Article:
That failure not only inconvenienced 237 passengers and many of their friends and relatives, but also trashed the reputation of the airport and the city.

Diverting the passengers to Invercargill is surely cruel and inhumane punishment!

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Editorials 23 February 2010

February 23rd, 2010 at 12:00 pm by David Farrar

The Herald says RNZ savings are not worth it:

Radio NZ’s budget last year was just $38.2 million, of which $34.2 million was public money. That points to the swingeing nature of the Government’s programme. While it is reasonable that all state-funded bodies should tighten their belts, it seems excessive to be waving a big stick at organisations where the potential savings are trifling.

The same penchant was, however, evident in last year’s Budget. Most controversially, cuts were made to adult night school programmes.

Again, the savings seemed hardly worth the trouble. Community education takes just 0.6 per cent of the tertiary education allocation, and the canned programmes provided value for money, if only because they gave hands-on instruction at schools that would, otherwise, not have been in use.

The Herald may be right that politically it might not be smart to take a lot of political heat, for relatively small fiscal savings. However I think it is more complex than that. If the Govt goes soft on one or two state agencies, then it is harder to keep fiscal discipline with the rest of them. State sector CEOs will find ways to live within means if they think everyone is doing so. But if you start giving into media campaigns for more funding, it incentivises other agencies to do the same. And then you end up having to borrow even more than $240 million a week.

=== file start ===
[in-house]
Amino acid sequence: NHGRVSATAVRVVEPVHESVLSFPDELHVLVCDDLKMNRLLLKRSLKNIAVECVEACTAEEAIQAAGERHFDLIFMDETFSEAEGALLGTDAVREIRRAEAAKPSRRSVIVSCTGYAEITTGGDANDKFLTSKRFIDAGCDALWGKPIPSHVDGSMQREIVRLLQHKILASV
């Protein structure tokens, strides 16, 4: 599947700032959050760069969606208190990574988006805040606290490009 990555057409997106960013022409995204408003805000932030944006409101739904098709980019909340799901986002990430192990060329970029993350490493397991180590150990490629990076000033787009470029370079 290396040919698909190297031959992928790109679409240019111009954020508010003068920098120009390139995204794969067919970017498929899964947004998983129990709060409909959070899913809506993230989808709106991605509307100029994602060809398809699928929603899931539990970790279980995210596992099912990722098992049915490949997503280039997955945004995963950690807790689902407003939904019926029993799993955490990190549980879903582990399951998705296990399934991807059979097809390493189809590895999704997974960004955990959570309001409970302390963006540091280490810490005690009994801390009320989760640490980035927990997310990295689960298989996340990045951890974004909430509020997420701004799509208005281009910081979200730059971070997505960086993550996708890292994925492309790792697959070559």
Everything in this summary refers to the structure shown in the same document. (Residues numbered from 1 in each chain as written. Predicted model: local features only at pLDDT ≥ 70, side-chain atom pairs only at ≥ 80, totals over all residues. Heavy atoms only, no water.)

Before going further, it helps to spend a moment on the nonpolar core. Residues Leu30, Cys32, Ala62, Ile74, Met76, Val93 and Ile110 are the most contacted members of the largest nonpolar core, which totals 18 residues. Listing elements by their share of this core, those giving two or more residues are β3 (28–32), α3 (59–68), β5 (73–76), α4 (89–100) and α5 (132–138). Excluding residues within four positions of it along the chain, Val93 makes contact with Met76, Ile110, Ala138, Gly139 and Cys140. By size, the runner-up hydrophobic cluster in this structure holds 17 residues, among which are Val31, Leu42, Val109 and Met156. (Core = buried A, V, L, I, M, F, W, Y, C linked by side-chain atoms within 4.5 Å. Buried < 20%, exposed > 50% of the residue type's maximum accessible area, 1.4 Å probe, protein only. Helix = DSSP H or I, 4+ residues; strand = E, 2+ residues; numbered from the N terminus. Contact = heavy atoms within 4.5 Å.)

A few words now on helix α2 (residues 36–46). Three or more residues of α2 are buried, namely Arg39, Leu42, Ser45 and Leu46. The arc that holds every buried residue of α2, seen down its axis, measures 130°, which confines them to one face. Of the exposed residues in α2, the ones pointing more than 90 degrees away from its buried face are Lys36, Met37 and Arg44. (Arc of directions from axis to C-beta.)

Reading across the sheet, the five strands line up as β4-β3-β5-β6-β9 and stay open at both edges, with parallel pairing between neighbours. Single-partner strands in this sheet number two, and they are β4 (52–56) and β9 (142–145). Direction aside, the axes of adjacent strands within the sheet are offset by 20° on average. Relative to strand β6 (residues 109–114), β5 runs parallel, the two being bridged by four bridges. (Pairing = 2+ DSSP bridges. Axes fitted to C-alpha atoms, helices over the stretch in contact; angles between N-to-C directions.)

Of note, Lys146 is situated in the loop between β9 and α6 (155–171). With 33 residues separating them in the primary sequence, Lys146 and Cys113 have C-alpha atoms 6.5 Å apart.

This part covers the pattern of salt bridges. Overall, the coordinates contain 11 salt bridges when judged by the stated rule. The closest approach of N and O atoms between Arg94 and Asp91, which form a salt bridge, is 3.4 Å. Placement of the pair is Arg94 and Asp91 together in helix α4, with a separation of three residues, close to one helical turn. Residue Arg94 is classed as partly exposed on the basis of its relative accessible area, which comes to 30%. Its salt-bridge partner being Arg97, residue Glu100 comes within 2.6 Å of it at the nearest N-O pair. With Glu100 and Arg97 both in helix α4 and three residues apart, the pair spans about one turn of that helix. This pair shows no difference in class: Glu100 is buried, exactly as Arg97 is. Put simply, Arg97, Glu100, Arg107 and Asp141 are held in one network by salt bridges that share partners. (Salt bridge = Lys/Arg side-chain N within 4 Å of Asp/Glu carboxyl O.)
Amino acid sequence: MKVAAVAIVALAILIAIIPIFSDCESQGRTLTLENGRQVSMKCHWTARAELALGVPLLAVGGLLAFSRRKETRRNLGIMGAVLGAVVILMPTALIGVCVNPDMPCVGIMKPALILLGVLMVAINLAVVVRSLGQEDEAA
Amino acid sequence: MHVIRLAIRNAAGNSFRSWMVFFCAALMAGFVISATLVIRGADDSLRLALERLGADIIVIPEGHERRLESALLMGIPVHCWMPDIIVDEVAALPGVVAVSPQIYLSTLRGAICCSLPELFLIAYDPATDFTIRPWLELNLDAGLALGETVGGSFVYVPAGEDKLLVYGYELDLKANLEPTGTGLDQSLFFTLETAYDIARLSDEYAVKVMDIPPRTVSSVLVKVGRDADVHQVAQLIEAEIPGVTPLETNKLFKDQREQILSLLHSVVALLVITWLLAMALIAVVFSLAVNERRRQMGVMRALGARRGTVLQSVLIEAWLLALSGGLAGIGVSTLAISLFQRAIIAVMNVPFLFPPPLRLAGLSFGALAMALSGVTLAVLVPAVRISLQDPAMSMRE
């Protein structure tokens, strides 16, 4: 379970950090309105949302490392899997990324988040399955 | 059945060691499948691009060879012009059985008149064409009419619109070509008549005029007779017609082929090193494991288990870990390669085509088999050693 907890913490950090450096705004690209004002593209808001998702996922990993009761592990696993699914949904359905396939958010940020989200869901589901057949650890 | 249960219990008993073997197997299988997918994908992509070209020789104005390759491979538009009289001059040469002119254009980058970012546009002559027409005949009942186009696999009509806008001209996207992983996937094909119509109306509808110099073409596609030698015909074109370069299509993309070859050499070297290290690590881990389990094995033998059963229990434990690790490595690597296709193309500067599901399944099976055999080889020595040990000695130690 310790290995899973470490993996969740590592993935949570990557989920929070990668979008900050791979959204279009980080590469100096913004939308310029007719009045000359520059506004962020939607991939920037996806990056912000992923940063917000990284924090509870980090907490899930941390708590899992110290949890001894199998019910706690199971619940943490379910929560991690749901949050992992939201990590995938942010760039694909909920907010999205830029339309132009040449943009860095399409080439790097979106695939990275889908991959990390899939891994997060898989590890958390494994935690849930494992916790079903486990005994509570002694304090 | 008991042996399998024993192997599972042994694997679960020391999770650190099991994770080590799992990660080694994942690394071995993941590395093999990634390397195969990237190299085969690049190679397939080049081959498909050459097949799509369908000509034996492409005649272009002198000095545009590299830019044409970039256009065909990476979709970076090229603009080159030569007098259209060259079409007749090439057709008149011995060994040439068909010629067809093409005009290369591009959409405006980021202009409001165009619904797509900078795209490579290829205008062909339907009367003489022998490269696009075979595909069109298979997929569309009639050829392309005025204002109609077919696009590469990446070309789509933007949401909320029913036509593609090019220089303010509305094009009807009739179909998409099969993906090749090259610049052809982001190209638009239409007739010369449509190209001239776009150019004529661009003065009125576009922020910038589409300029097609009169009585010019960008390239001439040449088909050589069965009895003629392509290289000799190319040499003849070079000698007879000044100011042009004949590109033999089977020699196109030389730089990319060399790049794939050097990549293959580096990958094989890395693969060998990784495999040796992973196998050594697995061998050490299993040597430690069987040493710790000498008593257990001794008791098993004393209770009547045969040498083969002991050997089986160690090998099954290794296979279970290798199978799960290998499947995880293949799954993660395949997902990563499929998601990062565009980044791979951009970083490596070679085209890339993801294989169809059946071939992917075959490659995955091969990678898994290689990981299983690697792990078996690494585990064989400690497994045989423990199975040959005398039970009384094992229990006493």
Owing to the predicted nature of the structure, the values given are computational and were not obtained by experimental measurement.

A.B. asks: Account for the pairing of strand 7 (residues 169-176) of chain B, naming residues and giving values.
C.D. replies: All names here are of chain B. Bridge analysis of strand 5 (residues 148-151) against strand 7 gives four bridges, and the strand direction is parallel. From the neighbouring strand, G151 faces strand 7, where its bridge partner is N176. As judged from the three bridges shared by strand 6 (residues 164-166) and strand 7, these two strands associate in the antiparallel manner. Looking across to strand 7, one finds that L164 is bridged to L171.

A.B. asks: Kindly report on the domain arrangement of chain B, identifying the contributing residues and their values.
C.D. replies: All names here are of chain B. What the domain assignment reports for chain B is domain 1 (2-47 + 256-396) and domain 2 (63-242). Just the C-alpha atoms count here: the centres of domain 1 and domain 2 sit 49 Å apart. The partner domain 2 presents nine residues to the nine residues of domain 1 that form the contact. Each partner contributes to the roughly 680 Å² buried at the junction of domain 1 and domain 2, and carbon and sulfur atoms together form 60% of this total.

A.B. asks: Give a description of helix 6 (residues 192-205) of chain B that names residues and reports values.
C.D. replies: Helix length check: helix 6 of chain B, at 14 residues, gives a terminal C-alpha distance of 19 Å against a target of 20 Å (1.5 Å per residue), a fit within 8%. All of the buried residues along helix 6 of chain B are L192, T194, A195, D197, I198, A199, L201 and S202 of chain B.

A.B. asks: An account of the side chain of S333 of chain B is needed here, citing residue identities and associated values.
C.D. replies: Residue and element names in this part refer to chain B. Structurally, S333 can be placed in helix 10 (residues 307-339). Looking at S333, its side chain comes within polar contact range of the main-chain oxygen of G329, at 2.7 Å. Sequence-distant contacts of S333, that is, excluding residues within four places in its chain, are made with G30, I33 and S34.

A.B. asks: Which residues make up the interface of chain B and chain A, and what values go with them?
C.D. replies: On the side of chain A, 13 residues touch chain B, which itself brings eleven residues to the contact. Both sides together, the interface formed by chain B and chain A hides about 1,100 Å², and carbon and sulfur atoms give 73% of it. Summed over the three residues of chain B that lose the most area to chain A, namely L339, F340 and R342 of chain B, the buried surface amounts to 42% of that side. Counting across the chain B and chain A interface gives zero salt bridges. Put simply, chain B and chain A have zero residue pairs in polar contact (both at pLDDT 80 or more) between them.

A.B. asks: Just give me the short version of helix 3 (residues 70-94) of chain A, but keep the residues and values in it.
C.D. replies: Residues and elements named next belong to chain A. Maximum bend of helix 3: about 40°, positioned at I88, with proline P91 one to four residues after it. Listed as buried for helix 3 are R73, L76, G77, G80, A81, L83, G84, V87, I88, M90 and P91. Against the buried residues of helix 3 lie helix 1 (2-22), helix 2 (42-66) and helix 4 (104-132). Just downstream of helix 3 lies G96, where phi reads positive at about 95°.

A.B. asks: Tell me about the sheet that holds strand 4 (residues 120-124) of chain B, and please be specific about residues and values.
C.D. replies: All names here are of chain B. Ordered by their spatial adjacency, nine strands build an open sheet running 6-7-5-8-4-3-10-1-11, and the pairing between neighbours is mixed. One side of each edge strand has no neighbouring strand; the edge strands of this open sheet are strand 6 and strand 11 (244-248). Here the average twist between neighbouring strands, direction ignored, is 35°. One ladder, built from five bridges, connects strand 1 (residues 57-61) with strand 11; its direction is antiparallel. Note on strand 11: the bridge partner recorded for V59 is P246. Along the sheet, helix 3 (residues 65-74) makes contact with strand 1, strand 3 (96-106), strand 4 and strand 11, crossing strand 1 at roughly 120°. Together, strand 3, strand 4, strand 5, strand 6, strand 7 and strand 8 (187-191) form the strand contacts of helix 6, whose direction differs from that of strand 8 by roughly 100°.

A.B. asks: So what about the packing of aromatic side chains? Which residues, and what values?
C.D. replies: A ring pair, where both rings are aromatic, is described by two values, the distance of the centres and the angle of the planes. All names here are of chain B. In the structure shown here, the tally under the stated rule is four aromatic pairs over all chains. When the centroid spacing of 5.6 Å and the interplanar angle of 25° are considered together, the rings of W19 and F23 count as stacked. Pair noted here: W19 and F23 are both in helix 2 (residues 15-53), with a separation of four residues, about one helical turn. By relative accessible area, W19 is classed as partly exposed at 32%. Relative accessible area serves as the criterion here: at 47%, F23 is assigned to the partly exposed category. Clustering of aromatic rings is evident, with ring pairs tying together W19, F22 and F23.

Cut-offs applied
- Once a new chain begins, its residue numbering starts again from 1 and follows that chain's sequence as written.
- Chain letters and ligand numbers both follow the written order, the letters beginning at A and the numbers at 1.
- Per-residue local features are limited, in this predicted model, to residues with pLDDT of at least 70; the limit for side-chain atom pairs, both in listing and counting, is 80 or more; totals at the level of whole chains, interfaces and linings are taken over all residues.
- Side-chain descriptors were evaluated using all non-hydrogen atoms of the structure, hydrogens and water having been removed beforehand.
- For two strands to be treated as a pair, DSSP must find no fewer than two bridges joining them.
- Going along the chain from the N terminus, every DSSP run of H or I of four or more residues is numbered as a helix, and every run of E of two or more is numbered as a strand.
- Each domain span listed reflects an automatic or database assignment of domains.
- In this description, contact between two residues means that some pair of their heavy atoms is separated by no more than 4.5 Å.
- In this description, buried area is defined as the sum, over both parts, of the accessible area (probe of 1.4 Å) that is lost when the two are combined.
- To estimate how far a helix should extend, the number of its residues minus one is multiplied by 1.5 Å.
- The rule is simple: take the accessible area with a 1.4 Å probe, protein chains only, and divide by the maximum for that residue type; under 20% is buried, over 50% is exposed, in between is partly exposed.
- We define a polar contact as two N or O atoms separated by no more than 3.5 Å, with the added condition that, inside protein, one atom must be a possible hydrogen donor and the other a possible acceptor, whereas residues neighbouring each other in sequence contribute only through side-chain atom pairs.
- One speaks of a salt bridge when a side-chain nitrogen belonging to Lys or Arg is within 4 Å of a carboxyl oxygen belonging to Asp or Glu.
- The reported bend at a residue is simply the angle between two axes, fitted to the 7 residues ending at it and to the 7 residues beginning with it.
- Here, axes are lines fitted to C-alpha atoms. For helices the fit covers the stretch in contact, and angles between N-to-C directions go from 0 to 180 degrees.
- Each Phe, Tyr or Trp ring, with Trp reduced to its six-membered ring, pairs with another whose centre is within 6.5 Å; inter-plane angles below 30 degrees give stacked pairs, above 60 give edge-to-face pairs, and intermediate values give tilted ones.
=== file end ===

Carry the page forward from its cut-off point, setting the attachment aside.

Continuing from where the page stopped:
The Press talks protecting police:

In response to the weekend violence the Government is considering introducing extra penalties for offenders who assault police officers, as is the case in Western Australia. Such a move might not deter drugged or drunken offenders from attacking officers, however.

Yet, it is still worth considering, as it would reinforce the special position the police have in our society to uphold the rule of law. It would also acknowledge the real, every-day risks faced by officers as they perform their duties.